29. Muscles of face - coloring sheet 38 • Facial expression – innervated by Facial Nerve • Epicranius(frontalis & occipitalis) – o. occipital bone, i. skin around eyes, f. raise eyebrows as in surprise • OrbicularisOculi – o. maxillary and frontal bones, i. skin around eyes, f. close eyes as in blinking • OrbicularisOris – o. Muscles near mouth, i. skin of lip, f. closes lips, protrudes lips • Buccinator – o. outer surface of maxilla and madible, i. Orbicularisoris, f. Compressischeecks inward when blowing air or sucking on a straw.

  30. Muscles of face • Facial expression – innervated by Facial Nerve • Zygomaticus – o. zygomatic bone, i. Orbicularisoris, f. Raises corner of mouth as when smiling • Platysma –o. Fascia of upper chest, i. border of mandible, f. Draws angle of mouth downward when frowning

  31. Muscles of face – coloring sheet 39 • Mastication – Eating, innervated by Trigeminal Nerve • Masseter – o. Zygomatic bone, i. Mandible, f. Elevates mandible • Temporalis – o. Temporal bone, i. Mandible, f. Elevates mandible • Medial pterygoid– o. Sphenoid, palatine, and maxillary bone, i. Medial surface of mandible, f. Elevates mandible and moves it side to side • Lateral pterygoid – o. Sphenoid bone, i. Anterior mandible, f. Protracts mandible and moves side to side

  32. Muscles of neck • Sternocleidomastoid – o. Anterior sternum and clavicle, i. Mastoid process of temporal bone, f. Turn head to side and pulls head to chest • coloring sheet 40

  33. Muscles of neck • Sternocleidomastoid – o. Anterior sternum and clavicle, i. Mastoid process of temporal bone, f. Turn head to side and pulls head to chest • coloring sheet 40

  34. Muscles of pectoral girdle – coloring sheet 46 • Trapezius (aka trap) – o. occiputal spine, i. clavicle and acromion process of scapula, f. Rotate scapula, raise scapula and pull shoulder and scapula downward. • Rhomboid major – o. Upper thoracic spine, i. Medial border of scapula, f. Raises, adducts scapula • Levator scapulae – o. cervical spine, i. Medial scapula, f. Elevate scapula

  35. Muscles of pectoral girdle – coloring sheet 46 • Trapezius (aka trap) – o. occiputal spine, i. clavicle and acromion process of scapula, f. Rotate scapula, raise scapula and pull shoulder and scapula downward. • Rhomboid major – o. Upper thoracic spine, i. Medial border of scapula, f. Raises, adducts scapula • Levator scapulae – o. cervical spine, i. Medial scapula, f. Elevate scapula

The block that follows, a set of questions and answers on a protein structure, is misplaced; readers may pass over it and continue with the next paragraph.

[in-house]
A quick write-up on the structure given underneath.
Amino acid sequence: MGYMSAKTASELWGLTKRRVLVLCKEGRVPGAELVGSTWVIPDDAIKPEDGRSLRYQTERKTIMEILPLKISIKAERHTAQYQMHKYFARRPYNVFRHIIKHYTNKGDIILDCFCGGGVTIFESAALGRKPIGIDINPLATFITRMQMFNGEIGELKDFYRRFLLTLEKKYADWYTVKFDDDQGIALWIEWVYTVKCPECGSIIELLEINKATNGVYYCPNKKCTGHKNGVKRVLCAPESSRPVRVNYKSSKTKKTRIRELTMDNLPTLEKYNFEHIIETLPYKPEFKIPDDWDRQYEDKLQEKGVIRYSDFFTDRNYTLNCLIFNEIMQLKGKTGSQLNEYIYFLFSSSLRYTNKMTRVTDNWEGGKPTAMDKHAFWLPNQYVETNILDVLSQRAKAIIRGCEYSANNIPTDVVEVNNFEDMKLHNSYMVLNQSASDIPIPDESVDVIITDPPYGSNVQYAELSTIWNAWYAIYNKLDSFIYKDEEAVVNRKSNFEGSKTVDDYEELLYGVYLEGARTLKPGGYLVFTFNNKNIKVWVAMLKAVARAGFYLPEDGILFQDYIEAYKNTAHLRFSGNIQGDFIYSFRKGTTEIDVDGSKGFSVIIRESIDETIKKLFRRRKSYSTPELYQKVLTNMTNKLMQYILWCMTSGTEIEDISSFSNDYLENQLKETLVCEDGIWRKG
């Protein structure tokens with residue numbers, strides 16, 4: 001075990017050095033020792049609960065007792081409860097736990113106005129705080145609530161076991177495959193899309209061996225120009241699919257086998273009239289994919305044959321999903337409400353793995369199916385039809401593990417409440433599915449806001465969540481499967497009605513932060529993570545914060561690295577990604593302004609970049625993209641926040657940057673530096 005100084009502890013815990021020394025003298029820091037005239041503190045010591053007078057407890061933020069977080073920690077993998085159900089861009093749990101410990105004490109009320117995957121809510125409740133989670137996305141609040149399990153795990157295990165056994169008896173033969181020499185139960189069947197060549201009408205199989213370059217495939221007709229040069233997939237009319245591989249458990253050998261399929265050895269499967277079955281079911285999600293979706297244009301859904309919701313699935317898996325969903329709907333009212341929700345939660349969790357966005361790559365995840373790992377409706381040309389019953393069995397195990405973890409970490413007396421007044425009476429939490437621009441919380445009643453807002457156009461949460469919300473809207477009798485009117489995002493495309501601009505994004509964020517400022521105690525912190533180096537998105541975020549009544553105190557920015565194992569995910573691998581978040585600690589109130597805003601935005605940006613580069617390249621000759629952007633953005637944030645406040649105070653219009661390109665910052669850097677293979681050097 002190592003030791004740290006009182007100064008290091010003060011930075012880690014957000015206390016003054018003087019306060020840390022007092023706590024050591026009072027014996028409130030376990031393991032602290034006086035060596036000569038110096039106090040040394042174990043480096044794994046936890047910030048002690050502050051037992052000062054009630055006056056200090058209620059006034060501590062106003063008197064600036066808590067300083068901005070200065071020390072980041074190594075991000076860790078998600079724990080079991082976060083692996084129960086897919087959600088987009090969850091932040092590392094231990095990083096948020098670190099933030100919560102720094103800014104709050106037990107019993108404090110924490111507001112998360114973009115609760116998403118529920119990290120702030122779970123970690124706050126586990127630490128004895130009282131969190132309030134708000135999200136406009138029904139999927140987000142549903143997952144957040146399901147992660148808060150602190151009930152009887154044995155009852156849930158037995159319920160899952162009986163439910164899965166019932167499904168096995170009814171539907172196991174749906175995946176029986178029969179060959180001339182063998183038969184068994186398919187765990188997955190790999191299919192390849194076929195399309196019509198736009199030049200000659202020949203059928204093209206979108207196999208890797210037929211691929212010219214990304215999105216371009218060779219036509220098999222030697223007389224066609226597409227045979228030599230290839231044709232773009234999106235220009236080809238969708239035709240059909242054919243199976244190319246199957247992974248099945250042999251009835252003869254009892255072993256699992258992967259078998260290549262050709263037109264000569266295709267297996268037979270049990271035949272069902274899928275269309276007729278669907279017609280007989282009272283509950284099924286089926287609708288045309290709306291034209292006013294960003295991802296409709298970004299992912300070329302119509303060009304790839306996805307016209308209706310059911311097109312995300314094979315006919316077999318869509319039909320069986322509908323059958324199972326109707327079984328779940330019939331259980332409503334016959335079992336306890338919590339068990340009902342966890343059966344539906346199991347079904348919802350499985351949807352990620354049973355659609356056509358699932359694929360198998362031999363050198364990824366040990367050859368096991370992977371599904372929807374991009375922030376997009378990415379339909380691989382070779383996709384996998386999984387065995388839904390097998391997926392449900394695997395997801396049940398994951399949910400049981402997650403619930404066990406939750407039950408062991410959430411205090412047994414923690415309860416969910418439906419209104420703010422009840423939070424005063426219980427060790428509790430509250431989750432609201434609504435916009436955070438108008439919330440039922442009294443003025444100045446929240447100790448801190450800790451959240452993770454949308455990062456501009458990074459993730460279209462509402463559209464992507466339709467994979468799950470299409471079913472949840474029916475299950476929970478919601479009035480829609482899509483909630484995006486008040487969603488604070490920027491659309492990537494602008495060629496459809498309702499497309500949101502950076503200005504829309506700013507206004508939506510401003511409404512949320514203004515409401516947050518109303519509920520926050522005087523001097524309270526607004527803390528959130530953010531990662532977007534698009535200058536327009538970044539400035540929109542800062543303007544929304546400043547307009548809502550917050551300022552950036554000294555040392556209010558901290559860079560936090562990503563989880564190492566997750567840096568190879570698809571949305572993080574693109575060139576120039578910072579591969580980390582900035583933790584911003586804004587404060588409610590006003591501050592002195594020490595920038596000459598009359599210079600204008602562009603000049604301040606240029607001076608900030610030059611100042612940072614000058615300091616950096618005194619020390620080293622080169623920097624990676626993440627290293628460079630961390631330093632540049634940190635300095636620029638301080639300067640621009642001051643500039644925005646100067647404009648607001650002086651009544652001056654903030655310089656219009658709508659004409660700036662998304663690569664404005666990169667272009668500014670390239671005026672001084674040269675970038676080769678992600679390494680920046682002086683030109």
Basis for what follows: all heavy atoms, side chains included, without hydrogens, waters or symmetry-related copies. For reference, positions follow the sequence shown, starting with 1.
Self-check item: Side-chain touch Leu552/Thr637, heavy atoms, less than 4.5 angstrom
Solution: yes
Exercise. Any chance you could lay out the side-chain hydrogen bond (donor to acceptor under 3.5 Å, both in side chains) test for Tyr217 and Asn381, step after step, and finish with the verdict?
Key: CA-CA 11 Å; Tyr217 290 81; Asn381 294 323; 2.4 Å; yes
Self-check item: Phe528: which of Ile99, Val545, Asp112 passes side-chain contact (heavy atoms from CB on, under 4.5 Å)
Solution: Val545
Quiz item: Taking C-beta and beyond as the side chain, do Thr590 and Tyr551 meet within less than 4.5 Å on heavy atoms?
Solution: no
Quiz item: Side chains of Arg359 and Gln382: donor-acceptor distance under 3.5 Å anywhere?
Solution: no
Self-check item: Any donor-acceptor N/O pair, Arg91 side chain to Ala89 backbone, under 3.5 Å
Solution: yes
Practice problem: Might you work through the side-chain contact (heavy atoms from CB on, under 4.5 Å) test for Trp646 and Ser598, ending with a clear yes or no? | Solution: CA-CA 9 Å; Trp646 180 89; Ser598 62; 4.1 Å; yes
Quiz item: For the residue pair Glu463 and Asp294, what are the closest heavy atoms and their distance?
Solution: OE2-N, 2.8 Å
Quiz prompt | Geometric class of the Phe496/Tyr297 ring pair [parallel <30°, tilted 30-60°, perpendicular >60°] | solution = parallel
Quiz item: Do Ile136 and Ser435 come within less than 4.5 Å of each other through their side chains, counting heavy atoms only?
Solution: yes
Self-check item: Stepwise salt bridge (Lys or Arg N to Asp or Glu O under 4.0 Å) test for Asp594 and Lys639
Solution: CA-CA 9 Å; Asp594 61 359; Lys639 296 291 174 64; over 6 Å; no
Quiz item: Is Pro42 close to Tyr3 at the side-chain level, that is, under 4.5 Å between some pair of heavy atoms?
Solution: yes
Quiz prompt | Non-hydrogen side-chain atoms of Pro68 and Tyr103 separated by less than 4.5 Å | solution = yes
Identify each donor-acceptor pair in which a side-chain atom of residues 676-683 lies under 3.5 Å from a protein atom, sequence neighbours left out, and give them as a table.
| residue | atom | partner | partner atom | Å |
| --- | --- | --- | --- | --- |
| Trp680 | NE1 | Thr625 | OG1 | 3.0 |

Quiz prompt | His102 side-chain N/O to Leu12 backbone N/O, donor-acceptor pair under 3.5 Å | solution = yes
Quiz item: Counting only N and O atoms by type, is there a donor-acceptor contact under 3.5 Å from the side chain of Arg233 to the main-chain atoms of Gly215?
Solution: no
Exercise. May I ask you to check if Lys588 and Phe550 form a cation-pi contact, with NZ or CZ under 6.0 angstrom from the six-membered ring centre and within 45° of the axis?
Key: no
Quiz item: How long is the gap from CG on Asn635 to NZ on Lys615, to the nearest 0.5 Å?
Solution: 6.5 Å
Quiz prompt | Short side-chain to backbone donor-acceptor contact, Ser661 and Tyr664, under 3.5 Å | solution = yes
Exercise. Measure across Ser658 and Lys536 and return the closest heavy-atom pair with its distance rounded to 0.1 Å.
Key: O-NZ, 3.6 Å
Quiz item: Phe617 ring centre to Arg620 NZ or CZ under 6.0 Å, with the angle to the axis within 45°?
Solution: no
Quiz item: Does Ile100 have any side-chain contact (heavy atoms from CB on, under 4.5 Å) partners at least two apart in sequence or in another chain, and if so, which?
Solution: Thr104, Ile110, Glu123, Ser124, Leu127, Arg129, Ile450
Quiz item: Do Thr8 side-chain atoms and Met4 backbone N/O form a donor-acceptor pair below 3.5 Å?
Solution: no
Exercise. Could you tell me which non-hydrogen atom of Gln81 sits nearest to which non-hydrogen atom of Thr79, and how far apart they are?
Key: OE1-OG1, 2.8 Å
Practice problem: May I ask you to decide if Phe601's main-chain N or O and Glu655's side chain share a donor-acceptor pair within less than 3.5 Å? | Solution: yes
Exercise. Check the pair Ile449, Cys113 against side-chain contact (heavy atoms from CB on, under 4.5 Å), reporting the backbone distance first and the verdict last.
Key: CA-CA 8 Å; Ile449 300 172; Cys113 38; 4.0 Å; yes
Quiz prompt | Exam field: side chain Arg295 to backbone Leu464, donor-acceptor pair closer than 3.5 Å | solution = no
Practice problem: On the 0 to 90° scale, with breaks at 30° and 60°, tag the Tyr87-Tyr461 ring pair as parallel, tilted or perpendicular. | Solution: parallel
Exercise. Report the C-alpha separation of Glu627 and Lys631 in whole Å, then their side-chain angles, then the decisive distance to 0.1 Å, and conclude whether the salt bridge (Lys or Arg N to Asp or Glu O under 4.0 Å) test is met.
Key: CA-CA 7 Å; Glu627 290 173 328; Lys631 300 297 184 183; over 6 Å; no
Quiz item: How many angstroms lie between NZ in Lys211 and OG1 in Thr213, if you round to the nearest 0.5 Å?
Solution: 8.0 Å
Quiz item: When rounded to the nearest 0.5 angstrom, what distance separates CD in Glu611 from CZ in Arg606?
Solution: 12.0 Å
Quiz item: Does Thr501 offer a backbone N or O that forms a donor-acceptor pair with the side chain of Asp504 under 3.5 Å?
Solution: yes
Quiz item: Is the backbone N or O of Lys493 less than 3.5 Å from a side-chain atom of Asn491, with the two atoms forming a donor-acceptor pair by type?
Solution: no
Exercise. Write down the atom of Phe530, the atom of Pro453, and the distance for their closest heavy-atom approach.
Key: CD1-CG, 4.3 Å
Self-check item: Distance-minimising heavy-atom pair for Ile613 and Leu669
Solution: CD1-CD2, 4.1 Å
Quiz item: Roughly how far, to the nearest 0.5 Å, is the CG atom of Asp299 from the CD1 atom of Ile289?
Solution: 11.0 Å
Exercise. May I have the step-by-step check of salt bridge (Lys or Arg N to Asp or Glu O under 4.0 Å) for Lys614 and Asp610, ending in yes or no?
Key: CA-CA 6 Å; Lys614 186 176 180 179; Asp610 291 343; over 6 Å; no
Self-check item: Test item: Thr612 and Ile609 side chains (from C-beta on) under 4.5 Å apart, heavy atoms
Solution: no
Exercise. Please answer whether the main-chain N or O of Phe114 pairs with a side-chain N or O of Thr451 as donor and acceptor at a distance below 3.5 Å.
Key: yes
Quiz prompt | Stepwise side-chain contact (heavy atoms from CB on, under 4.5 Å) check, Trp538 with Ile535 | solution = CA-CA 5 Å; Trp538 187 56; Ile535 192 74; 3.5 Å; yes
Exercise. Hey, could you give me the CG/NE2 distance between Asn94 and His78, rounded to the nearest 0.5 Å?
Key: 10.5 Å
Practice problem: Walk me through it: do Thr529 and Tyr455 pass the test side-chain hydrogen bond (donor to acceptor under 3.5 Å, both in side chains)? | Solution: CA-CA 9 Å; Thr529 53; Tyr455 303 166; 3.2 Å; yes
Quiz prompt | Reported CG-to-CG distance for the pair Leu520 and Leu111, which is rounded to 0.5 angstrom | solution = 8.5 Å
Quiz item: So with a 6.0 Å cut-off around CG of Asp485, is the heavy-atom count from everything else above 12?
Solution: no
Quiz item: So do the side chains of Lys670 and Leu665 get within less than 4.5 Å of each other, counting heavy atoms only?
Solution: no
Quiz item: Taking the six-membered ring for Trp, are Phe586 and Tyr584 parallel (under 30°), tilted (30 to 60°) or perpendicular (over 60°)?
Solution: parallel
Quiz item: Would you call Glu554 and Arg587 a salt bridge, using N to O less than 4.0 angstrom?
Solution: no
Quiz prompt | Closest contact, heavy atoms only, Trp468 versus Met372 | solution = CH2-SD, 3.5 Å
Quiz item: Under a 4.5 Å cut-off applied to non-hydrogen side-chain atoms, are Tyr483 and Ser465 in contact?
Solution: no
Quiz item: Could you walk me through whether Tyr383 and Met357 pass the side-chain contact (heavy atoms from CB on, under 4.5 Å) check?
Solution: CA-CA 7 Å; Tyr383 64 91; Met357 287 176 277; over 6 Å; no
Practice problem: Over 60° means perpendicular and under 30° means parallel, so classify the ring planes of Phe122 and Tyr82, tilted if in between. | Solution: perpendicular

36. Muscles of pectoral girdle – coloring sheet 46 • Trapezius (aka trap) – o. occiputal spine, i. clavicle and acromion process of scapula, f. Rotate scapula, raise scapula and pull shoulder and scapula downward. • Rhomboid major – o. Upper thoracic spine, i. Medial border of scapula, f. Raises, adducts scapula • Levator scapulae – o. cervical spine, i. Medial scapula, f. Elevate scapula

  37. Muscles of pectoral girdle – coloring sheet 46 • Trapezius (aka trap) – o. occiputal spine, i. clavicle and acromion process of scapula, f. Rotate scapula, raise scapula and pull shoulder and scapula downward. • Rhomboid major – o. Upper thoracic spine, i. Medial border of scapula, f. Raises, adducts scapula • Levator scapulae – o. cervical spine, i. Medial scapula, f. Elevate scapula

  38. Muscles of pectoral girdle – coloring sheet 46 • Serratus Anterior – o. outer surface of upper ribs, i. Ventral surface of scapula, f. Pulls scapula anterior and downward • Pectoralis minor – o. Sternal end of upper ribs, i. Coracoid process of scapula, f. Pull scapula forward.

  39. Muscles of pectoral girdle – coloring sheet 46 • Serratus Anterior – o. outer surface of upper ribs, i. Ventral surface of scapula, f. Pulls scapula anterior and downward • Pectoralis minor – o. Sternal end of upper ribs, i. Coracoid process of scapula, f. Pull scapula forward.

  40. Muscles of pectoral girdle – coloring sheet 46 • Serratus Anterior – o. outer surface of upper ribs, i. Ventral surface of scapula, f. Pulls scapula anterior and downward • Pectoralis minor – o. Sternal end of upper ribs, i. Coracoid process of scapula, f. Pull scapula forward.